Training for the marathon did not go entirely to plan: Aimee was hit by a hamstring injury. After a few weeks rest and strengthen sessions Aimee was allowed to run again, starting with a few shorter 10km runs and progressing to a 24km. All of which went well. In the end Aimee finished in a little over 4 hours 15 minutes. And that was just the start. Throughout the year Aimee has trained and raced whilst testing all the female gear we have been producing. Both her performances and the gear have been brilliant. Long may that continue.
How do you showcase the ultimate running apparel range? What is the best way to give runners the opportunity to get up close and personal with your highly technical, totally innovative and beautifully designed kit? These were the questions that we have been wrestling with as ashmei continues to establish itself as the ultimate running brand. We have had many questions from curious runners who were not aware of the benefits of merino wool in running apparel as well as the many clever design elements that have gone into everything we produced. We needed a way to allow runners to discover ashmei for themselves in a suitable environment. We needed a pop up shop.
The answer came in the form of a beaten up, unloved and empty icon of the road: a 1964 “Overlander” Airstream caravan.
This abandoned beauty was rescued from the US and shipped across the ocean to start its new life. The intention was that from being a home away from home for American families, it would become the home of ashmei on the road. The fact that it was empty suited us perfectly. We had grand plans and they needed space.
So now we had a suitable shell – albeit one that would require some work – we needed to create the ultimate interior: to make it definitively ashmei and the greatest pop up shop ever.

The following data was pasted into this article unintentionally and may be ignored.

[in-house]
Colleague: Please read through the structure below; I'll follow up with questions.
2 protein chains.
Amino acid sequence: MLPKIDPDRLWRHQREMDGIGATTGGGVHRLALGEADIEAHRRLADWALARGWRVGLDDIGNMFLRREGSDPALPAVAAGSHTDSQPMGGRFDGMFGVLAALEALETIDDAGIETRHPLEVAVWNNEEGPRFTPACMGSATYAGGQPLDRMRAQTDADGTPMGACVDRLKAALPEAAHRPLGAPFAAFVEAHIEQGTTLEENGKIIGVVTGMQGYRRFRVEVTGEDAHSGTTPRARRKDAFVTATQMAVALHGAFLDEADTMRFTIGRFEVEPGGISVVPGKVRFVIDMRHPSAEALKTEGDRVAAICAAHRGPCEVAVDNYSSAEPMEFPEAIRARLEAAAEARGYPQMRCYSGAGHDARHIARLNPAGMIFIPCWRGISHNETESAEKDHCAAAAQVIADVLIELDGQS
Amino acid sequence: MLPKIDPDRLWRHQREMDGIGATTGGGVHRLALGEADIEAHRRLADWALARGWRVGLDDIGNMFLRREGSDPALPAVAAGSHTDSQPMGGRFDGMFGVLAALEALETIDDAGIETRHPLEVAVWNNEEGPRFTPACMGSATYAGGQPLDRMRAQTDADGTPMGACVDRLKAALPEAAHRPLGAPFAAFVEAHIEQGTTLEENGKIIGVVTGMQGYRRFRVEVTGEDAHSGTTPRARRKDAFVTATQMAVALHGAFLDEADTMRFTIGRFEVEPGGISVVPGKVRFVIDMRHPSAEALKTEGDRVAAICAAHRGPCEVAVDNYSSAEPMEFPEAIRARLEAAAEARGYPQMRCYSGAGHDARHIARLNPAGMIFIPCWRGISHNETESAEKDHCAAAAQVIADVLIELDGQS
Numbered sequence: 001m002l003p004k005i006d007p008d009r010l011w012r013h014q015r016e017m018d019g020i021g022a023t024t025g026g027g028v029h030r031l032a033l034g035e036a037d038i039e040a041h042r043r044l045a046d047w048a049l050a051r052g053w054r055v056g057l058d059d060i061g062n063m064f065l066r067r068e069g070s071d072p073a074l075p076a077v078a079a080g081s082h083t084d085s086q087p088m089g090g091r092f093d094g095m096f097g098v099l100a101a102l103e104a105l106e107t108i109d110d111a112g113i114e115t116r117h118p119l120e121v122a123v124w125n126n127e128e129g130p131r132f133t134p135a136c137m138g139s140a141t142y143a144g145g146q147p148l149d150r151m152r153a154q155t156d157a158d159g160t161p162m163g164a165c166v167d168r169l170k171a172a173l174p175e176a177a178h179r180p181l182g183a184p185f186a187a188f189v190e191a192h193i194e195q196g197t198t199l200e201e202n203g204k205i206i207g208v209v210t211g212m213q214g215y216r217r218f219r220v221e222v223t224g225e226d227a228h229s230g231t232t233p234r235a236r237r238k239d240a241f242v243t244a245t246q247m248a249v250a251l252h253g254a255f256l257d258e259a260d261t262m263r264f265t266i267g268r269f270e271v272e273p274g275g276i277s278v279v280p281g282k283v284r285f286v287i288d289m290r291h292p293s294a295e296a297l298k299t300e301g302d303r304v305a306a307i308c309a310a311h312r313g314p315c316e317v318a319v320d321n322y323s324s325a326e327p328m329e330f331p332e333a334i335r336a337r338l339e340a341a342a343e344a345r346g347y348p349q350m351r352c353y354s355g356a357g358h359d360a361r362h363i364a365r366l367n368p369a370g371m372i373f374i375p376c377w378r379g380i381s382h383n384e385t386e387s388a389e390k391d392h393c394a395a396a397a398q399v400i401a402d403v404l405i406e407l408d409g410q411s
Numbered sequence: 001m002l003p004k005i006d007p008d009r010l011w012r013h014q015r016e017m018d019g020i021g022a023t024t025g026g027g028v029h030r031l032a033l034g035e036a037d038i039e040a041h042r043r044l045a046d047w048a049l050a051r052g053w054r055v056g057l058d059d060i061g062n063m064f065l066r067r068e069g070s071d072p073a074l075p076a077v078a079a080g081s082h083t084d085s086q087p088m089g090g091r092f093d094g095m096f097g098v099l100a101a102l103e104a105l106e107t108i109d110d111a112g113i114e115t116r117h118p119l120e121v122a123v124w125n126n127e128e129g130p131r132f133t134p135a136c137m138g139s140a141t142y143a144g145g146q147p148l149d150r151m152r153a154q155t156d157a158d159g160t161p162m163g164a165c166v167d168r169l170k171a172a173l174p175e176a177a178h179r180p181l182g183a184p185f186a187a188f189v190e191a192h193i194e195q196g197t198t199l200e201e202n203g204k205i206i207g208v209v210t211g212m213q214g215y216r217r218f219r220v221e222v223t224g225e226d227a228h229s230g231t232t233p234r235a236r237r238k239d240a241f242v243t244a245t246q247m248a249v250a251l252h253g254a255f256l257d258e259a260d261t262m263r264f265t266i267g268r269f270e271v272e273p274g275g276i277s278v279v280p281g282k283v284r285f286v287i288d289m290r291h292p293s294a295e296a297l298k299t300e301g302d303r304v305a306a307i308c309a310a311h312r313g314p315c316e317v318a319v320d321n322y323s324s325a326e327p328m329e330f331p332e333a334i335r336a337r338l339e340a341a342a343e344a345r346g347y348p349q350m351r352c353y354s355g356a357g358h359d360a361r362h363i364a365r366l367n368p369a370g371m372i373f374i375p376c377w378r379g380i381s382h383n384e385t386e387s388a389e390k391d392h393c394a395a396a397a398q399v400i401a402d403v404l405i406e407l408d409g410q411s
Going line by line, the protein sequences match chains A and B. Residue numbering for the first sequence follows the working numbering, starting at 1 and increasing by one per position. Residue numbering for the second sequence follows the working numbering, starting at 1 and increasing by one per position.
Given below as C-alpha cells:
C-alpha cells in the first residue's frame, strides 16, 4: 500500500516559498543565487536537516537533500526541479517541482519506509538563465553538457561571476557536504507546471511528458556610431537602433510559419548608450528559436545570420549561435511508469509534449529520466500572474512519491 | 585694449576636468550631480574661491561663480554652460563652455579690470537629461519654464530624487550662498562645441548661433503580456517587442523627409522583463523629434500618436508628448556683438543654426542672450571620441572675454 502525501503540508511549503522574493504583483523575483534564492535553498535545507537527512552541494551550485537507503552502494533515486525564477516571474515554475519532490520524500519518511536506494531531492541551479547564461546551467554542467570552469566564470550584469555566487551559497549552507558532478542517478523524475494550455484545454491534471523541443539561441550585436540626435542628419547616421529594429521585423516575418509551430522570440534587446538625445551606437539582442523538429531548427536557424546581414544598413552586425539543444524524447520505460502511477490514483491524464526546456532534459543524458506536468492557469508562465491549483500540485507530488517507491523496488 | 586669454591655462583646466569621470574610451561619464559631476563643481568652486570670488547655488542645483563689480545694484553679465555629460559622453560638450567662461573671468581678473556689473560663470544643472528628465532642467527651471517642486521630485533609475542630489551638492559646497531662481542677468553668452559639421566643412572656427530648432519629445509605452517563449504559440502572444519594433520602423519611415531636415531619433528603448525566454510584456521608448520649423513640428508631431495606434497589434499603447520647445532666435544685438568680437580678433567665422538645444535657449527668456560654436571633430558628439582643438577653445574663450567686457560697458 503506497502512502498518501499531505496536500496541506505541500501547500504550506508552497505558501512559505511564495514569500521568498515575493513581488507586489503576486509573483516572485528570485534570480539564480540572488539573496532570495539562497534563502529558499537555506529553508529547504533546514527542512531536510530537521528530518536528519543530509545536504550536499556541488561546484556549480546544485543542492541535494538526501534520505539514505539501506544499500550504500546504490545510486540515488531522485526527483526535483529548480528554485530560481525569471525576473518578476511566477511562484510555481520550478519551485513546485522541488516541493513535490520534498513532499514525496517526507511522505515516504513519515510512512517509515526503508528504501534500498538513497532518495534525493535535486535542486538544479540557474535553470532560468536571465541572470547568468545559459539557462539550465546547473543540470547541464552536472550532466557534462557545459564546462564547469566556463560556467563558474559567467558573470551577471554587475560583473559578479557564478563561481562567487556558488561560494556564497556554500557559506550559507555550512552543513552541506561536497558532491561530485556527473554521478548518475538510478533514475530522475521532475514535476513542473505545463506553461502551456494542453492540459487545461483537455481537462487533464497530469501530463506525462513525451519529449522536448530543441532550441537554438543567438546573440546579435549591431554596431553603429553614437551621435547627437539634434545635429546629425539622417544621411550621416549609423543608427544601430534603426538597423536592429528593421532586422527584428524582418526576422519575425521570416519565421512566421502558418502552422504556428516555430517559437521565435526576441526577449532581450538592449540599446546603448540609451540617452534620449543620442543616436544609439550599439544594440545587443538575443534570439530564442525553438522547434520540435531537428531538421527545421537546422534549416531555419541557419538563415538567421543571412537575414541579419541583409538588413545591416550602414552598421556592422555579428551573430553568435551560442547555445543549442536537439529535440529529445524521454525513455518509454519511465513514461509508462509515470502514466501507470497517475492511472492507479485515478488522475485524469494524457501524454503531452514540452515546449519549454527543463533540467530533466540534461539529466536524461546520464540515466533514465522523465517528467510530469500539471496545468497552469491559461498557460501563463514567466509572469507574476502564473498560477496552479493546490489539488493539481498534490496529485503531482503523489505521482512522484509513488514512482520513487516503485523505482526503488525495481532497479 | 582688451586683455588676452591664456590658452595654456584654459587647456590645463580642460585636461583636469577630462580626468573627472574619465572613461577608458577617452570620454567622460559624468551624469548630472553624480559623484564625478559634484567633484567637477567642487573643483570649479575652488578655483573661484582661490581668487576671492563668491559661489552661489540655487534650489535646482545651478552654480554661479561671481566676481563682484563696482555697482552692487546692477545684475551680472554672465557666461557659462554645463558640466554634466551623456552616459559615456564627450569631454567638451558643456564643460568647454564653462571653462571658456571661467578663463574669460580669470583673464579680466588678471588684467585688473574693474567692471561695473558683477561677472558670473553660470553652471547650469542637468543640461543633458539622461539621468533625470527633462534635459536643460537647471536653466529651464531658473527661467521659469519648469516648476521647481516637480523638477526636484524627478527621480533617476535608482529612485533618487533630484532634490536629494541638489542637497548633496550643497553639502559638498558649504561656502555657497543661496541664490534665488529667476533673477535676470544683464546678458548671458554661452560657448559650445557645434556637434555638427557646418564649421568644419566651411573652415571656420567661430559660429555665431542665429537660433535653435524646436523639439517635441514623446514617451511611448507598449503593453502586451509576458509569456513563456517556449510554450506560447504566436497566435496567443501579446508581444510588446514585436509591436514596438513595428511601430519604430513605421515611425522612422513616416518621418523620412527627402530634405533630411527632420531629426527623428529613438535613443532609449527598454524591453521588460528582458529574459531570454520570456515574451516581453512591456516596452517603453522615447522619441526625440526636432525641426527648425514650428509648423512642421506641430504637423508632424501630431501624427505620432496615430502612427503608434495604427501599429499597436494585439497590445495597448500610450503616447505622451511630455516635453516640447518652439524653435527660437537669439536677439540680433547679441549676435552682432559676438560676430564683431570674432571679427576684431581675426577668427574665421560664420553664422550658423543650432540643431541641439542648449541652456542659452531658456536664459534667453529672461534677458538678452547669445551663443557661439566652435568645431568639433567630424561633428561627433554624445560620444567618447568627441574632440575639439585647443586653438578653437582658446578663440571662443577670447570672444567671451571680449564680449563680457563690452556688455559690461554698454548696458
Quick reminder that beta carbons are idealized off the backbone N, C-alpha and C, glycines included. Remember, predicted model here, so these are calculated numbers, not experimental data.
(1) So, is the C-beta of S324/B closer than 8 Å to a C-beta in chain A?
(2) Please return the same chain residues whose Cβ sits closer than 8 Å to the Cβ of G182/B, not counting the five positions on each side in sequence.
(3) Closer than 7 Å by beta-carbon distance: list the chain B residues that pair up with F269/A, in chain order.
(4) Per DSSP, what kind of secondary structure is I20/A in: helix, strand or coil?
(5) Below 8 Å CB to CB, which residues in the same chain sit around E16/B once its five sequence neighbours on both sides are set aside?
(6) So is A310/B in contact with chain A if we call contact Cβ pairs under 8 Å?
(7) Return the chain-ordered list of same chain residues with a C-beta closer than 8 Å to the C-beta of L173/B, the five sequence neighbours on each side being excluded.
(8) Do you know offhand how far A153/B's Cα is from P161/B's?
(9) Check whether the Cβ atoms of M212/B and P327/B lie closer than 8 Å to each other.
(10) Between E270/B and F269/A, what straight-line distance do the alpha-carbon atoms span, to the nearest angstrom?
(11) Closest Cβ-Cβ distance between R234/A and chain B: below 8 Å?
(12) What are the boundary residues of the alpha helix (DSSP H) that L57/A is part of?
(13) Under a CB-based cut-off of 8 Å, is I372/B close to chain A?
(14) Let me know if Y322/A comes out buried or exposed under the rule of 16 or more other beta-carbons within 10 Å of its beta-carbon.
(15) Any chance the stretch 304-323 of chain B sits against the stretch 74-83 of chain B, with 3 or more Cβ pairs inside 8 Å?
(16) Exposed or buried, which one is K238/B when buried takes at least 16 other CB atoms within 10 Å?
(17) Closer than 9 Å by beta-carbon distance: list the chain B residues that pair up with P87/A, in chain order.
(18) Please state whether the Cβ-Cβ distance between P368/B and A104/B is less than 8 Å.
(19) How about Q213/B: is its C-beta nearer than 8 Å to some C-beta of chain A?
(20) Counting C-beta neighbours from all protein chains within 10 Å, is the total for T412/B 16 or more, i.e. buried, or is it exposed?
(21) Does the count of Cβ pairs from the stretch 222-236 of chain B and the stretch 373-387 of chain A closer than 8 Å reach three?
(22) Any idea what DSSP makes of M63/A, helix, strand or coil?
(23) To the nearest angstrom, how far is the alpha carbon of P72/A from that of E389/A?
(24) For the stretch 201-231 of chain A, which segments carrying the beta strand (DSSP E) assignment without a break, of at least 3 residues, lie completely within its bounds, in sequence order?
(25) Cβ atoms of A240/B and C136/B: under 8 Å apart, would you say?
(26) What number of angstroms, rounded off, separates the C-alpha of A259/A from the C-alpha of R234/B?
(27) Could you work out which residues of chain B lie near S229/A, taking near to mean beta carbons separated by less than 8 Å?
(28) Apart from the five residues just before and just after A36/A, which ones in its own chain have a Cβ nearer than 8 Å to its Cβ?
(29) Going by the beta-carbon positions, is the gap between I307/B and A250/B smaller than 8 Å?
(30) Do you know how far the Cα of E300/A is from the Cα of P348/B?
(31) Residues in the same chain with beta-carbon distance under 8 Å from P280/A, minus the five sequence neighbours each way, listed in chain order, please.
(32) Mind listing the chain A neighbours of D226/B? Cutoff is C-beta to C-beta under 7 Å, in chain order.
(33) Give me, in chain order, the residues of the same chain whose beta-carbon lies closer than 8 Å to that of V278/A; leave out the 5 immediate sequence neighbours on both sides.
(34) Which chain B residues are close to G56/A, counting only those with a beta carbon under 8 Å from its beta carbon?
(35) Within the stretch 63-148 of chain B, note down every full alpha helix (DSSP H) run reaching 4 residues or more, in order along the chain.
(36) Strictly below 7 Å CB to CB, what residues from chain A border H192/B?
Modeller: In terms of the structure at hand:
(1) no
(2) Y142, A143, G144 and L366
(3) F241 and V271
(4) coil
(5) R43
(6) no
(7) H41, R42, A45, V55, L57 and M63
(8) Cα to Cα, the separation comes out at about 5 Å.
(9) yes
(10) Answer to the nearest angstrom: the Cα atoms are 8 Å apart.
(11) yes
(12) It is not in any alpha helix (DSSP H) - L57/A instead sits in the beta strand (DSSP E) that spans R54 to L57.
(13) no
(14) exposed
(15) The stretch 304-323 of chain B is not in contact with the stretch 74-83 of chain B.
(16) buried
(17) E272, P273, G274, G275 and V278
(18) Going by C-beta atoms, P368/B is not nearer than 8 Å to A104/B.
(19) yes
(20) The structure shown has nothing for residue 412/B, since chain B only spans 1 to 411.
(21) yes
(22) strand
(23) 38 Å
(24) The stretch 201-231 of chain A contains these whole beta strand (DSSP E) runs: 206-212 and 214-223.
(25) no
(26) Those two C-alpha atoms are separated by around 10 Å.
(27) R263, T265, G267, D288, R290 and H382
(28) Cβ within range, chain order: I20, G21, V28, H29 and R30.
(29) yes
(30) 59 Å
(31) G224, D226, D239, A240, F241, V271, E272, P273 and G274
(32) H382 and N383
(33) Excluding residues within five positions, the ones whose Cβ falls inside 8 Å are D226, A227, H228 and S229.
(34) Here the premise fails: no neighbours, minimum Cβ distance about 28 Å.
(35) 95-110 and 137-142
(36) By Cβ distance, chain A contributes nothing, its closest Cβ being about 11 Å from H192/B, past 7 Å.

The airstream – now known as the AirshopPhoenix – contains a sofa, a bed, a pop-up flat-screen television, a coffee machine, a wood-burning stove and, of course, the entire ashmei product range. It it really is a perfect home for the ultimate running apparel.
So where can you see the AirshopPhoenix? Well we are going to be at as many races as possible from now on. And not just in the UK. One of the AirshopPhoenix’s earliest outings was a trip all the way to Chamonix for the Ultra Trail de Mont Blanc week. In the coming weeks and months we will be on the road, so check back to find out where we will be and if you see us on the road, be sure to let us know – tweet @ashmei_running, tell us on our Facebook page or just give us a toot and a wave!
The airshop Phoenix was unloved and abandoned until we gave it a new lease of life. Here is the story of how this Phoenix rose from the ashes.
When, in 1804, William Wordsworth wrote the immortal lines:
I wandered lonely as a cloud
That floats on high o’er vales and hills,
When all at once I saw a crowd,
A host of golden daffodils;
Beside the lake, beneath the trees,
Fluttering and dancing in the breeze.
He was evoking the beauty and serenity of the trails that criss-cross the land bordering Ullswater, in the Lake District in the UK. Wordsworth was clearly enchanted by the beauty and magnificence of the area around the lake, in the way that people have been for as long as they have explored this area. With the ashmei Ullswater 2014 race, runners would themselves be able to take in stunning views of the lake and the surrounding hills and challenge themselves at the same time.
One of the attractions of trail running is the camaraderie that develops between the competitors and the ashmei Ullswater 2014 races really epitomised this – whether it was the runners at the front of the field gunning for the win or those at the back, taking their time and challenging themselves in their own personal ways, there was a shared sense of wonder at running around what many regard as the most beautiful of the English lakes. However as all of the runners confirmed after the races, with the beauty came brutality in the form of lung-busting ascents and quad-thrashing descents. Truly this race had it all.